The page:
Props The Only Way To Bet On Canelo’s Homecoming Mismatch

canelo alvarez john ryder staredown

More than 17 years into a pro boxing career that began when he was just 15, now 62 fights into a first-ballot Hall of Fame run that has earned him nearly half a billion dollars in purses, Saul “Canelo” Alvarez is entitled to the occasional “gimme.”

He’s taking one of those Saturday night. For his first fight in his native Mexico in nearly a dozen years, super middleweight champ Canelo hand-picked tough and determined, but limited and predictable, veteran British southpaw John Ryder as presumptive career victory no. 59.

The bookmakers certainly see it as a formality. In the two-way market (moneyline prices on either boxer where a draw results in a refund), surveying the regulated U.S. mobile sportsbook odds, Alvarez ranges from -1600 at DraftKings to -2000 at Caesars and BetMGM, while Ryder can be found as high as +1000 at Caesars.

If a sports bettor really wanted to back Canelo to win outright, they could do a little better with the three-way line at FanDuel. The wager loses if the fight is a draw, but given how unlikely that outcome is, -1100 on Canelo is preferable to anything in that -1600 to -2000 range.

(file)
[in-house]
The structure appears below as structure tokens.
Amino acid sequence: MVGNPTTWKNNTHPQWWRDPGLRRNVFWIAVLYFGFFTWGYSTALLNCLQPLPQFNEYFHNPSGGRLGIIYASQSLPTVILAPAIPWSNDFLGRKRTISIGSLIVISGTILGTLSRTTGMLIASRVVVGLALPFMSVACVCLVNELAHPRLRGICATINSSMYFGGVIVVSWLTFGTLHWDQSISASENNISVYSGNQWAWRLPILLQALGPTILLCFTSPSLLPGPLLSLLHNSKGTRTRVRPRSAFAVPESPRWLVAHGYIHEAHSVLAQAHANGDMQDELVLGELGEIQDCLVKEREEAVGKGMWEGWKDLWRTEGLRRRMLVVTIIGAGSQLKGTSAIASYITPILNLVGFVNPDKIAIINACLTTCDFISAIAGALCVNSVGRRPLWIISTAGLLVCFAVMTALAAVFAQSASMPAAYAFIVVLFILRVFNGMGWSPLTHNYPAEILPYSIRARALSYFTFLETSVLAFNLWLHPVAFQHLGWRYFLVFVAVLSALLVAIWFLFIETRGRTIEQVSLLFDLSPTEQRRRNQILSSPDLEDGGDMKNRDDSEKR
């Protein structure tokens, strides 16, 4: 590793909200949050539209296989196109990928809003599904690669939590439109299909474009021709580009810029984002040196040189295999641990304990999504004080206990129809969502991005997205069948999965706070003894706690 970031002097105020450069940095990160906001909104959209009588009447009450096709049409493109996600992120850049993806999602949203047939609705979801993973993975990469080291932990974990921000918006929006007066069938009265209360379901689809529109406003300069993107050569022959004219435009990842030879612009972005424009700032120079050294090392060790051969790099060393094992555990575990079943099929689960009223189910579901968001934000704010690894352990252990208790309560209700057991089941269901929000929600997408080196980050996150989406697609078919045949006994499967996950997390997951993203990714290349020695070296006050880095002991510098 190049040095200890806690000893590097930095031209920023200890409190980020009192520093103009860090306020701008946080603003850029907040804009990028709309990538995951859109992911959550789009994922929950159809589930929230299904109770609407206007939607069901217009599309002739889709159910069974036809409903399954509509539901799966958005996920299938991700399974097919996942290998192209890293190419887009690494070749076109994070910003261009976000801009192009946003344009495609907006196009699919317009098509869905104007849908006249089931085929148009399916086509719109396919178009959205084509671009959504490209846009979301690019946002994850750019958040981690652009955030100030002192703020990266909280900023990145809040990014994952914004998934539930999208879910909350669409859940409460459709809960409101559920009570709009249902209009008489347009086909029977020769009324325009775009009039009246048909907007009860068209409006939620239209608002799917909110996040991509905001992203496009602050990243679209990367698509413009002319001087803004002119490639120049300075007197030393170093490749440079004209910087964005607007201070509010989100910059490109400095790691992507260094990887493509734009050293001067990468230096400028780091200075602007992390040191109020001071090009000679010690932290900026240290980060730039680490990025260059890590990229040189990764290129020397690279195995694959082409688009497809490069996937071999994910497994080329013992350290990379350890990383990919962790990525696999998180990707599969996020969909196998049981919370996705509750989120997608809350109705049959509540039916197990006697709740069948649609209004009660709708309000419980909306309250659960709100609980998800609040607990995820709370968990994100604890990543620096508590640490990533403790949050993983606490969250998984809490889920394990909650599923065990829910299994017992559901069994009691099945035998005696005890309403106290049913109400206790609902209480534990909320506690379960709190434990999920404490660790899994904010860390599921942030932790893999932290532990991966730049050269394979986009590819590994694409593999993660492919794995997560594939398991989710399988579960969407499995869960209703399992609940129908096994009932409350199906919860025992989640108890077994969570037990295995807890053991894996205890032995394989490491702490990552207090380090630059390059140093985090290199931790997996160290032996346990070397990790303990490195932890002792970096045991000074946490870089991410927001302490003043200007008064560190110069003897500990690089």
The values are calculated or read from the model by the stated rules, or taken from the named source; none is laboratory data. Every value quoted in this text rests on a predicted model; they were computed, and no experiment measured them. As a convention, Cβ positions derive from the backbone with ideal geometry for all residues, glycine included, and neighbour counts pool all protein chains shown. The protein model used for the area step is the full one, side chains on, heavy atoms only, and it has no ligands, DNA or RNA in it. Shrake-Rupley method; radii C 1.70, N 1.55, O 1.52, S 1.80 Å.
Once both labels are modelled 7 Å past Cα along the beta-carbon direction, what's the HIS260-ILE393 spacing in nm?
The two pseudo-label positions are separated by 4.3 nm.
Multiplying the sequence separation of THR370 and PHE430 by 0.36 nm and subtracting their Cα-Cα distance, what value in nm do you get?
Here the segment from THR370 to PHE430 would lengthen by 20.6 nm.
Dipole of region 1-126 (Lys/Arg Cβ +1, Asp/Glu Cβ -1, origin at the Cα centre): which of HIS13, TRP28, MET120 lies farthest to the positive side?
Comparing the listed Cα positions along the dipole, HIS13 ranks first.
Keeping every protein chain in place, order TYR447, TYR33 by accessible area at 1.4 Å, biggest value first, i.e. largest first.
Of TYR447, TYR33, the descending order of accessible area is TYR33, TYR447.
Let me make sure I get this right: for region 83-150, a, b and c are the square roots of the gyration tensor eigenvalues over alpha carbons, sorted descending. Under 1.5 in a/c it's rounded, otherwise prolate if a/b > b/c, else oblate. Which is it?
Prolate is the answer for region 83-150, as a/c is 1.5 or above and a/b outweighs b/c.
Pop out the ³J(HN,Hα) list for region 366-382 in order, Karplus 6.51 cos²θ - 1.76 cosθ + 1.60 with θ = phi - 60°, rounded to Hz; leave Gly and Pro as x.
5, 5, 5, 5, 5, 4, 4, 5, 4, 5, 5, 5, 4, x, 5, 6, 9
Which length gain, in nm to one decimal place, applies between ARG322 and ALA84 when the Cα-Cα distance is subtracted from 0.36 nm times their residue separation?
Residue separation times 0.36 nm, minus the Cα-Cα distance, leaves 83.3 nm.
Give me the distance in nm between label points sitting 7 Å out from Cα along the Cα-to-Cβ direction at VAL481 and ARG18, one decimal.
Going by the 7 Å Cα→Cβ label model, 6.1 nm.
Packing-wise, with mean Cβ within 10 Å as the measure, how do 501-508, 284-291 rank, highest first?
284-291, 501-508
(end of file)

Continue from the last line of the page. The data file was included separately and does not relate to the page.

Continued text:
Still, does any recreational bettor really want to risk $110 of their bankroll to win 10 bucks? And on the flip side, does any level-headed bettor want to waste $10 trying to win $100 on the chance of the biggest star in the sport and an elite pound-for-pound level fighter losing at home against a challenger with no physical advantages whatsoever?

This is most definitely not an even-money megafight. So betting Alvarez (58-2-2 with 39 KOs) vs. Ryder (32-5 with 18 KOs) for value requires a bit more creativity.

Let the prop shopping begin

Let’s start with the moderately creative. Every major sportsbook offers method-of-victory props. Here are the prices on this fight’s with five leading operators, listed alphabetically:

The best available odds for each option: Canelo KO -300 (BetMGM), Canelo decision +430 (FanDuel), Draw +2600 (FanDuel), Ryder KO +1600 (FanDuel), Ryder decision +2200 (BetRivers).

Canelo by KO is the clear favorite for a reason. Sure, Ryder has only been stopped once in his five losses, and that was eight years ago. But against this approximate level of opposition, Alvarez takes care of business. His two opponents in the last five years weaker than Ryder, Avni Yildirim and Rocky Fielding, were each dispatched in three rounds. Sergey Kovalev, Billy Joe Saunders, and Caleb Plant were all a notch or two better than Ryder and they got stopped in 11, 8, and 11 rounds, respectively.

The only not-quite-A-lister to go the distance with Canelo from 2018 to present was Callum Smith, who took a beating for all 12 rounds at the Alamodome in 2020 but stayed on his feet. As it happens, the best performance of Ryder’s career came in a disputed decision loss to Smith a year earlier.